This is Pentecost

by Lowell Chilton in , , ,

This is a sermon I gave at University Lutheran Church in Seattle, WA on Pentecost 2013.


Today we invite the spirit to come into our midst. What are we really asking for when we make that invitation? Are we asking for the comforting, consoling Spirit that surrounds us with the warmth of God’s love? 

Deep down, we probably are. 

This is not Pentecost. 

In 1905, a black Church of God pastor in Chicago heard of a white preacher giving a lecture series on speaking in tongues as a sign of the Spirit. Because of the racism of the white preacher, he was not allowed inside the lectures. For ten-weeks William Seymour sat outside the lectures and absorbed it all. Overwhelmed by what he heard, he moved to Los Angeles and began preaching on speaking in tongues. In early 1906, he and several worshippers in his house church began speaking in tongues. The news of this event spread quickly and pretty soon the church moved out of the home and the Azusa Street Revival had begun. 

The Azusa Street Revival had an astounding embrace of diversity. Persons of African American, Caucasian, Hispanic, Asian, Native American, and other ethnicities joined the assembly. Women preached and led worship. People of all ages gave testimony of God’s Love to the community in whatever language they were moved to speak. 

This is Pentecost. 

In the beginning, the earth was a formless void. A homogeneous uniform void. And God’s breath swept across the water. The Spirit disrupted the void with creative chaos. 

This is Pentecost. 

The people of the earth settled in the land of Shinar and stopped moving over the earth. They built huge city and a tower with its top of the sky and wanted to never ever be dispersed. God came to them and disrupted them with diverse languages and sent them all over the world. 

This is Pentecost. 

In the room where the Apostles gathered, the Holy Spirit howled through their midst. Suddenly they were speaking in languages unknown to them and spreading the Gospel to the people gathered in Jerusalem. 

When the disciples, who were Galilean, went out into the streets of Jerusalem and began speaking the word, the people heard their own language. They were a homogeneous group of Galileans, but now they were able to reach a diverse population in Jerusalem. 

As the disciples spoke to the people, they were united in the message of God’s works through Christ. They were united in the Gospel and propelled by the diversity of the Holy Spirit. 

This is Pentecost. 

Uniformity is not necessary for unity. Even God is not uniform, but rather God the Father, the Son, and the Holy Spirit join in the Triune God. United in diversity, not uniformity. 

Just as Christ was sent to bring unity in God’s love to the people, the Spirit is sent to shake things up and ensure that that unity does not become complacent uniformity.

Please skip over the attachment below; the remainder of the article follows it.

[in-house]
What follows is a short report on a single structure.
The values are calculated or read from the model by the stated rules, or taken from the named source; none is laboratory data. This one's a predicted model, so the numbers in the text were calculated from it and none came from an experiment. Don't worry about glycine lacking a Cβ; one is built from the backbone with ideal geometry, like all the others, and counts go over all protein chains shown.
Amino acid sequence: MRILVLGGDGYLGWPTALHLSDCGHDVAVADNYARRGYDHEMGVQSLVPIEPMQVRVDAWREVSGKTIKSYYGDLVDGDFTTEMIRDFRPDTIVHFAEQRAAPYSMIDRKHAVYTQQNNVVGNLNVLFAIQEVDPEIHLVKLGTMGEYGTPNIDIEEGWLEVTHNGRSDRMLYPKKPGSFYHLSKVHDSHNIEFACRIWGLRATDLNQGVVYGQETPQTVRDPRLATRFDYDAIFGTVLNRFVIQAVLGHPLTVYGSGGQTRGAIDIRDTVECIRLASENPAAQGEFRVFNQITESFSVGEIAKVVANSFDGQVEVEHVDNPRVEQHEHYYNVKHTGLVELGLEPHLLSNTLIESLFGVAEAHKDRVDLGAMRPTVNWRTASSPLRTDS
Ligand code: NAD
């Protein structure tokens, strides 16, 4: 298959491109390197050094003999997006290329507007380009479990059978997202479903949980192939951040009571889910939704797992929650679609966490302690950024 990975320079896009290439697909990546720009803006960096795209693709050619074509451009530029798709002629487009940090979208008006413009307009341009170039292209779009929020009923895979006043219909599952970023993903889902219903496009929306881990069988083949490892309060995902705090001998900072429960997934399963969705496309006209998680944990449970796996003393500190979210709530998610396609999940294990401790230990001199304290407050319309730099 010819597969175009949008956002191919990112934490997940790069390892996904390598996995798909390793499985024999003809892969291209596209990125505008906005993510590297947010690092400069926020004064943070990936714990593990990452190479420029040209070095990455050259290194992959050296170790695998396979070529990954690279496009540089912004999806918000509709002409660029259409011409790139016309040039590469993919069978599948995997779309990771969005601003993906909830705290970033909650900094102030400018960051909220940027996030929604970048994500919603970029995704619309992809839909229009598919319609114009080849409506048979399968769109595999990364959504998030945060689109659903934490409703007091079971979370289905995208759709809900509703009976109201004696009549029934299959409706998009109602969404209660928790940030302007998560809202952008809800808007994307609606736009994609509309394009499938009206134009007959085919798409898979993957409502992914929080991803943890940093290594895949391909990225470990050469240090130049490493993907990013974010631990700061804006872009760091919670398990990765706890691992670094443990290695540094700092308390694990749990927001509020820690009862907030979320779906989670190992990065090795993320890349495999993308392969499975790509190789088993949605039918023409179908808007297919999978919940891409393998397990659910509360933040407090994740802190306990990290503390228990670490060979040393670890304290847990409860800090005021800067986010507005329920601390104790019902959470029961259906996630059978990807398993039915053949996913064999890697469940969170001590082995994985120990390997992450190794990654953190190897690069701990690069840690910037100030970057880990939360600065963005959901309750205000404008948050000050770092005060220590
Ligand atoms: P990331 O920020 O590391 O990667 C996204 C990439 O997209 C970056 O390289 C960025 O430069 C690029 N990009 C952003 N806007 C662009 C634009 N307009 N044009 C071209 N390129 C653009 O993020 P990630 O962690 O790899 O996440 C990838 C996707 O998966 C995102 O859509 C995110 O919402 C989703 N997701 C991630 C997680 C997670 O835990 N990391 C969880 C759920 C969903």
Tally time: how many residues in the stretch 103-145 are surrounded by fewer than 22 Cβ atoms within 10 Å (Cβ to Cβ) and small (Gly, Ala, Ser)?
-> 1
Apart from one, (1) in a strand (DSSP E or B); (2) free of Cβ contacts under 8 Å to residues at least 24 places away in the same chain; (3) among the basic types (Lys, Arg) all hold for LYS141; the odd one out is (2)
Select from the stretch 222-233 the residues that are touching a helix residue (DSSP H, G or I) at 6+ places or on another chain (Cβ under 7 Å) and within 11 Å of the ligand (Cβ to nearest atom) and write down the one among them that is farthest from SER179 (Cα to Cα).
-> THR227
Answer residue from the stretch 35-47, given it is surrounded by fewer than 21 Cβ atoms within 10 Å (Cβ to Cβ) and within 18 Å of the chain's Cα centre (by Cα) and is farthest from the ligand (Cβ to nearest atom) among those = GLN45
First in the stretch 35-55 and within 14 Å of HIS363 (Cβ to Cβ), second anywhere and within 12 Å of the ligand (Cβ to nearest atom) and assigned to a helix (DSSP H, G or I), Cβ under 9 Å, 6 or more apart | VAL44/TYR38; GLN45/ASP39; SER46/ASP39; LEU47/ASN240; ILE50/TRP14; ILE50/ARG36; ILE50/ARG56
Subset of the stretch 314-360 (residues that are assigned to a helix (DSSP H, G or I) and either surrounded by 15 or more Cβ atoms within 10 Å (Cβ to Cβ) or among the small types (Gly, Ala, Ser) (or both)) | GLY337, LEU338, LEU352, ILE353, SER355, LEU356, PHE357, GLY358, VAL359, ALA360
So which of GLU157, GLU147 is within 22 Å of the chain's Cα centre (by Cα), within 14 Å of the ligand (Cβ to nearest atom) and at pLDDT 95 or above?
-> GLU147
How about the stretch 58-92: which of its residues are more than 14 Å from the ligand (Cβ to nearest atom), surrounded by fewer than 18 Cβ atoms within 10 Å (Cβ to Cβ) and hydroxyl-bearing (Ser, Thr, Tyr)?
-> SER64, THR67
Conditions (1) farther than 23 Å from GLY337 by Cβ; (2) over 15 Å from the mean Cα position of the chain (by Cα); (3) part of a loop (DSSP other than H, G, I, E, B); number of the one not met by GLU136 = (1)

It is natural to reach an equilibrium. We like things to be done certain ways. We go to the same places for dinner and talk to the same people and have the same fights. This equilibrium is dangerous, for it blinds us to the pain of the world around us. It keeps us safe, but safe is not the way of Christ.  

Throughout human history, whenever people become complacent. Whenever we strive to maintain the status quo, the Spirit comes and disrupts the world. The status is made not quo. 

This is Pentecost. 

Most of you know that I work for Microsoft. Every day I interact with Indians, Russians, Israelis, and Asians. My boss is Brazilian, his is Israeli. This sounds awfully diverse right?

But is it really? 

We’re all highly educated, skilled in technology, with an approximately similar socio-economic position, and the fortunate upbringing that allowed us the opportunity to get this education and skills. 

Within the apparent diversity, there is a cultural homogeneity. 

The Holy Spirit that blows into our midst today convicts us of our uniformity. It challenges us to look deep into our hearts for where we are drawn toward the status quo. 

Where is your uniformity? Perhaps it’s even in the church? 

Today we are celebrating the founding of the church of Christ. Sadly, the Church of Christ today is fractured. We are split along theological, political, and social issues. 

There are many churches that insist on uniform doctrine in order to reach unity. There are others that insist on uniformity of Liturgy. Sometimes we reject the worship of others because we simply don’t like it. We judge the music, or the content of the message, as being “other.” And not like ours and we put it down. 

The movement of the Spirit urges us to embrace diversity. It opens our eyes to the beauty of variety in expressions of the Divine. It gives us ears to hear the wind blowing through the new songs. It gives voice to our lips to join in these songs.  

When we embrace the movement of the spirit, we become agents for making the status not quo and instruments of God’s continued creative work in the world. 

This is Pentecost. 

While the Azusa Street Revival is no more, the Pentecostal movement it was instrumental in growing is alive and well. Around the world, especially in the Global South, Pentecostalism is rapidly growing. The Spirit is moving through the world and disrupting the way things are, just as it always has done. 

As we call upon the spirit today, let it be a call to be disturbed. Let it be a call to have our eyes opened to our complacency. Let it be a call to be shaken to the core by the howling wind. Let it be a call for the strength to carry on with clear eyes and full hearts.  

This is Pentecost. May it be so every day. 

Amen and Amen.